Volume 11 (1) 2019

CONTENT POLICIES IN SOCIAL MEDIA CRITICAL DISCOURSE STUDIES: THE INVISIBLE HAND OF SOCIAL MEDIA PROVIDERS?  Pages 1-19

Susanne Kopf

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  • This paper complements theoretical and methodological considerations regarding social media in critical discourse studies as it addresses social media content policies as a key contextual element. Specifically, this paper argues that – and why – the exploration of content policies and their enforcement is indispensable when approaching social media platforms and social media data in particular from a critical perspective.

    A number of researchers have already begun to identify contextual elements that require particular attention when viewing social media and social media data through a CDS lens. However, social media sites’ content policies, as pervasive contextual element, have not received adequate research attention yet.

    Drawing on Computer-Mediated Discourse Analysis (CMDA) and recent developments in Social Media CDS (SM-CDS), this paper first demonstrates the existing gap in research. Then, it contends that social media sites’ content policies deserve more detailed attention in SM-CDS, argues why this is the case and elaborates on the different aspects of content policies and policy enforcement that require examination. After detailed theoretical discussion of this, empirical evidence to support this argument is presented in the form of a case study of Wikipedia and Wikipedia data.

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‘A PROUD HISTORY OF PROTECTING REFUGEES’: AMBIVALENT RESPONSES TO REFUGEE INTEGRATION IN GOVERNMENT POLICY DOCUMENTS | Pages 20-40

Samuel Parker

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  • In recent years asylum seekers arriving in the United Kingdom have been subject to a ‘hostile policy environment’ (Zetter et al. 2005) initiated by the UK government consisting of dispersal, destitution and detention. At the same time, the UK government has also focussed on ‘integrating’ refugees. In this paper, Critical Discourse Analysis of seven policy documents is used to demonstrate how ambivalence is a feature of UK and devolved government refugee integration strategies. Analysis revealed that each strategy is predicated upon rhetorical devices which construct the governments as having a ‘proud history’ of offering protection to those fleeing persecution by drawing on long histories and traditions of welcoming refugees. Such rhetorical and commemorative devices may also function to dialogically repress (Billig 1997) the UK’s history of not providing protection to refugees and of creating a ‘hostile environment’ for asylum seekers. It concludes that such devices construct refugee integration ambivalently, which is a result of an ideological dilemma (Billig et al. 1988) inherent in these strategies between the integration of refugees and deterrence of asylum seekers.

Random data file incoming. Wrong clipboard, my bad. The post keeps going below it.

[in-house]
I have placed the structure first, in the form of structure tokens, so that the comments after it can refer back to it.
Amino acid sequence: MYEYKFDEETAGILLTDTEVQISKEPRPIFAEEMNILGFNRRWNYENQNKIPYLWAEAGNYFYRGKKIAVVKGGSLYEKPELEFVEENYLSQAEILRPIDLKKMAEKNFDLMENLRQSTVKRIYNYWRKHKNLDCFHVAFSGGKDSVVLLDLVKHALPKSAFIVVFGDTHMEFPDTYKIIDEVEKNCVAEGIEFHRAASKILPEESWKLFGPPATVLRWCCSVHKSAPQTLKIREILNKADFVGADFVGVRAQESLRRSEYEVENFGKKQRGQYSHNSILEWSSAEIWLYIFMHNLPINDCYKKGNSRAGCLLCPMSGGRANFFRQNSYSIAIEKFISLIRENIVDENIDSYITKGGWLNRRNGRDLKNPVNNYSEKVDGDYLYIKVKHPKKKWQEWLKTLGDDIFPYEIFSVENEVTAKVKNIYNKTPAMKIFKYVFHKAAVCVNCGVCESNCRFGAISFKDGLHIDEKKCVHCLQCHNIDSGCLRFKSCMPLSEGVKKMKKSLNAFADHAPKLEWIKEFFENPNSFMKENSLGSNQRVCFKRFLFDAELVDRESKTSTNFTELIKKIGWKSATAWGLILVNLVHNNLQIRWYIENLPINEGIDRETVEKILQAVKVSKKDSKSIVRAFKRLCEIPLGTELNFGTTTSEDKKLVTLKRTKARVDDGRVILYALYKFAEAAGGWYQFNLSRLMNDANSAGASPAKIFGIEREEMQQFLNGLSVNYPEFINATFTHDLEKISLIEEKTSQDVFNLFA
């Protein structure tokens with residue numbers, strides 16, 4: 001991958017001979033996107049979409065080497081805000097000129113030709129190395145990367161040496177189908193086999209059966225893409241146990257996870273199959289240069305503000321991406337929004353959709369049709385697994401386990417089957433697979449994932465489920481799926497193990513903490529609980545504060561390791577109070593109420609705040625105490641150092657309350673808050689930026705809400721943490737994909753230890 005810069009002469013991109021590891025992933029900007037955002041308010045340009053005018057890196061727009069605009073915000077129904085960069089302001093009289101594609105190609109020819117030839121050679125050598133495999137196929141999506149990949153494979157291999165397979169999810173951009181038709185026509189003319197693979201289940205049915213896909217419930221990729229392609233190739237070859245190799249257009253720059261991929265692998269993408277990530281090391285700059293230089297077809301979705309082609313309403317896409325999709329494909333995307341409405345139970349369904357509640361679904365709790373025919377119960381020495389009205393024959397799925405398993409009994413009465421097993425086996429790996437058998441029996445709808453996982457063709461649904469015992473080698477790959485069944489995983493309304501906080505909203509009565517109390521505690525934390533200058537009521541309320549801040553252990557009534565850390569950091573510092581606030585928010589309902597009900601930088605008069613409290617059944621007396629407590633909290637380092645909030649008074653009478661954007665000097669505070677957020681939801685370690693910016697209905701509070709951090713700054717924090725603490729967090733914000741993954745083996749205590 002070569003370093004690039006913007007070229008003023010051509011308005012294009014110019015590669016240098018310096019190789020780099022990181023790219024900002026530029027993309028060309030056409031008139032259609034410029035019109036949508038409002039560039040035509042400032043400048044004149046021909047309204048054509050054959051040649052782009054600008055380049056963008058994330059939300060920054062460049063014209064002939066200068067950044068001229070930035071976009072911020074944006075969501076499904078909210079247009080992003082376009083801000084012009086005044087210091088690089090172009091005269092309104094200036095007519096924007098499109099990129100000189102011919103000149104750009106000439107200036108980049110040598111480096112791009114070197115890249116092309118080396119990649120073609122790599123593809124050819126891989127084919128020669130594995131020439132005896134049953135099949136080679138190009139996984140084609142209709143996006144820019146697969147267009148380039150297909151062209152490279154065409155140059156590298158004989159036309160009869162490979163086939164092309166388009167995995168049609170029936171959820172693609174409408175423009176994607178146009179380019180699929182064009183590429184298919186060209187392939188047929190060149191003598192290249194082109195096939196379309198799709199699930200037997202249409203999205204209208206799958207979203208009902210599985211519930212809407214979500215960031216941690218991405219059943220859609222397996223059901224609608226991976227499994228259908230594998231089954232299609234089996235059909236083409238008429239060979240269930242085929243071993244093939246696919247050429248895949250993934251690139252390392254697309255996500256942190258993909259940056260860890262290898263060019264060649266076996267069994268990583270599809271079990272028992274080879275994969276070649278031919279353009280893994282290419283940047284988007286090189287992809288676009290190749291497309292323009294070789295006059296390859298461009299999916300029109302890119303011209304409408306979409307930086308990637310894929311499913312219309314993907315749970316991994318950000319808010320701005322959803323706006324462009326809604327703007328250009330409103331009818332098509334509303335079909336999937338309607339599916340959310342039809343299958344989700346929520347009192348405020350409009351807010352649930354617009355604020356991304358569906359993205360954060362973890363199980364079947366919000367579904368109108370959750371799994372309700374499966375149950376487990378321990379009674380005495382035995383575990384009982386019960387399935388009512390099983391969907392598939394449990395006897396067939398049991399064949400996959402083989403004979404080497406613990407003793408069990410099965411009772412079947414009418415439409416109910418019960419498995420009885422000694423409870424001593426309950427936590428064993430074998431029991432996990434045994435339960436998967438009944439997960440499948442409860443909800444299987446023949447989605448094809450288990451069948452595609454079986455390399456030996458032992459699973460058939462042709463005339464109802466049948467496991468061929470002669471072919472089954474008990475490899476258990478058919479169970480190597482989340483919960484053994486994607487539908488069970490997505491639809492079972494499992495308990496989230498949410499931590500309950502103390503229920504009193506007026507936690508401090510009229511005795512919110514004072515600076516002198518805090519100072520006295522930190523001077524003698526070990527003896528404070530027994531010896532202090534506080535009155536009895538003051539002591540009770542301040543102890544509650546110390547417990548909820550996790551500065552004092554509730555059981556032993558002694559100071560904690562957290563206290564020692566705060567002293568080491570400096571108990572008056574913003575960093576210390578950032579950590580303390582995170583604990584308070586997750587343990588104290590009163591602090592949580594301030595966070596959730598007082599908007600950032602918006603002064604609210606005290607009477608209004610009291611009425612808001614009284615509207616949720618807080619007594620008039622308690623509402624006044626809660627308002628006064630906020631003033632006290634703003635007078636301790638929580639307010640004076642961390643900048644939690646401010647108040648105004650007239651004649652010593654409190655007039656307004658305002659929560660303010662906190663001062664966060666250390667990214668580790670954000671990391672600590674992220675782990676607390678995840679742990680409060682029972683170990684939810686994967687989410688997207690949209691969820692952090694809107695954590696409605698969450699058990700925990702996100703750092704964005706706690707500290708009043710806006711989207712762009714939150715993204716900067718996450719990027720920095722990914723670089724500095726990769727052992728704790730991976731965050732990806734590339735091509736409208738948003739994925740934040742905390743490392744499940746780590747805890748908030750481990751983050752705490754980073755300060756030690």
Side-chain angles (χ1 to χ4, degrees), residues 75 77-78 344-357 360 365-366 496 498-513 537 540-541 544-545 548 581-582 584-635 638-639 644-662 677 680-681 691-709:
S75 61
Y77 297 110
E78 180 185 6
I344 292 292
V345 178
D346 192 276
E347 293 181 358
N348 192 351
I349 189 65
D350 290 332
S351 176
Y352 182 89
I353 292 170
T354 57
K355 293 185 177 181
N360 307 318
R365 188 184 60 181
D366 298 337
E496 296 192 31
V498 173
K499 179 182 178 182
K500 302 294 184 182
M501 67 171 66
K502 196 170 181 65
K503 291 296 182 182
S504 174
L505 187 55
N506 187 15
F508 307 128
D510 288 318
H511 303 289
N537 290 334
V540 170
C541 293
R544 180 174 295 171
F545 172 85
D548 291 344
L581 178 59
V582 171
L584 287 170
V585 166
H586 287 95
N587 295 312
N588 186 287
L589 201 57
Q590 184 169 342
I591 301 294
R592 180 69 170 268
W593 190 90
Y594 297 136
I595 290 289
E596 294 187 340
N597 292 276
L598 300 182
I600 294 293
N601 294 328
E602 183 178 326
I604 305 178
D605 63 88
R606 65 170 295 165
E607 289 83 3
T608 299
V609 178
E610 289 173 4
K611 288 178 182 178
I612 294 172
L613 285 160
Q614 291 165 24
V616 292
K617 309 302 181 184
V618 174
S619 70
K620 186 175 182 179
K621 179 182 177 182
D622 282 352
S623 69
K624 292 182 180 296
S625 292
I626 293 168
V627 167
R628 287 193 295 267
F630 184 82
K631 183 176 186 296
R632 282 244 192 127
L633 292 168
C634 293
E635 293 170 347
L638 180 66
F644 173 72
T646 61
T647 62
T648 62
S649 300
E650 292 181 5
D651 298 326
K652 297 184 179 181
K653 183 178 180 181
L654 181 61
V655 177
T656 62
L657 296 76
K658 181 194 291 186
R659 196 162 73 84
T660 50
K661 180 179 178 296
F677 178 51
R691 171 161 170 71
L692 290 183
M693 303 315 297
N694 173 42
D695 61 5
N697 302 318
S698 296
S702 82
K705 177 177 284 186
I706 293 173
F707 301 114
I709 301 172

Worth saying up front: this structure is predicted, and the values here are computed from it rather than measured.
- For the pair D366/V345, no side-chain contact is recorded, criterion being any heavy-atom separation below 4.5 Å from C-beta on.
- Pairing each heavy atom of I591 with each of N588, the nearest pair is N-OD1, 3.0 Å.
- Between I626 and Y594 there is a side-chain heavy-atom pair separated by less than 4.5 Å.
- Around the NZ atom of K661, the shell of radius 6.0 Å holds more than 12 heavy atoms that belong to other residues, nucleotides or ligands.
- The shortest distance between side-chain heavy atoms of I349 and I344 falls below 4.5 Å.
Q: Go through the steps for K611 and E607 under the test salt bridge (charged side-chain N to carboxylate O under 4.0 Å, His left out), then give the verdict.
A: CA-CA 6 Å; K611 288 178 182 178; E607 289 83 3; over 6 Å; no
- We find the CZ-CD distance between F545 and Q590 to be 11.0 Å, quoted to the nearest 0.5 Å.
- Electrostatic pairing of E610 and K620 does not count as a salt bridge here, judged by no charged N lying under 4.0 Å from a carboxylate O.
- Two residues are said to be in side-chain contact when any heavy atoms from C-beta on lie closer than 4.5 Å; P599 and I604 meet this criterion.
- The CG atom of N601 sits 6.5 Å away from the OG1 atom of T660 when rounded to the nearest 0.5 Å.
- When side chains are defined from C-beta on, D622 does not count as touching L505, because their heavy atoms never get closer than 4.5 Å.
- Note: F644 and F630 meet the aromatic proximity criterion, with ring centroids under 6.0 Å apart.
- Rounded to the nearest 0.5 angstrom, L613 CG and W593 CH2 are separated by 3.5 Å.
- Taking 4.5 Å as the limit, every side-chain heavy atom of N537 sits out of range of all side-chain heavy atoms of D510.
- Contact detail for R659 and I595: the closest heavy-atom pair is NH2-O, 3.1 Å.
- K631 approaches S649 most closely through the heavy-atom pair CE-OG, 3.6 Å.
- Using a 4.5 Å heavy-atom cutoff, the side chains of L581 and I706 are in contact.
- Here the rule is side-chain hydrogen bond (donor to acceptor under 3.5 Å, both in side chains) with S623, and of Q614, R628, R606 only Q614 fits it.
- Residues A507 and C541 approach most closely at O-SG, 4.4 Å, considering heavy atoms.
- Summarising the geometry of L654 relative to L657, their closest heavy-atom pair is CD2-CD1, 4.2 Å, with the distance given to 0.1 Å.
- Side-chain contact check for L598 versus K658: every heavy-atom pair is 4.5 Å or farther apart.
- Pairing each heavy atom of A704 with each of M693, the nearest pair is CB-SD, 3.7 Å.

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BRITISH MUSLIM’S DISCOURSE OF BELONGING AND CONFLICT | Pages 41-56

Saliha Anjum, Andy McKinlay, and Chris McVittie

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  • According to the 2011 UK Census, Muslims form the second largest religious community in Britain. The relationship of this community to British society more generally has come under much scrutiny. The current study focused on British Muslim’s constructions of belonging and conflict towards Britain. Data were collected through semi-structured interviews and analysed using discourse analysis. Findings suggested that for these participants second generation Muslims were more likely to construct themselves as belonging to Britain than first-generation Muslims, who show more attachments to their own culture and religion. Both generations produced rationalizations in order to negotiate their sense of belonging to British society and /or other culture. Moreover, their discourse was constructed in such a way that it fulfilled the function of protecting both generations from issues of accountability in social interactions.

     

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THE DISCURSIVE MANUFACTURING OF IRANOPHOBIA AND GLOBAL PREEMPTIVE COLLABORATIONS IN DONALD TRUMP’S DISCOURSE | Pages 57-83

Ali Basarati and Hadaegh Rezaei

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  • Over the past years, Iran’s reputation has been defined with fear-generating terms and resources in connection with extended nuclear programmes. A critical investigation of the discourse of Iranophobia in the recurrent political discourse of the USA reveals the spatial nature of this discourse. The aim of this paper is towards an analysis of Donald Trump’s 2017-2018 speeches which have their focus on Iran/the Iran Deal. Applying Proximisation Theory (Cap 2013) shows that he conflates spatial and temporal proximisation strategies while conceptually construing Iran as a strong and ubiquitous regional and global threat to the world. Furthermore, we shall indicate how the discourse of Iranophobia legitimates the US withdrawal from the Iran Deal and imposing heavy economic sanctions as preemptive measures. The analysis also shows that Trump’s discourse on Iran endeavours to establish a global consensus against Iran by using lexico-grammatical markers and pragmatic tools in order to influence the international political and strategic behaviour of Iran.

  • To be announced


BOOK REVIEW Page 84-87

Anna Marchi

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Buckledee S. (2018). The Language of Brexit: How Britain Talked Its Way Out of the European Union. London/ New York: Bloomsbury. 240 pages; ISBN: 9781350047976; £49.50 (hbk), £16.19 (ppb), £15.54 (e-book).

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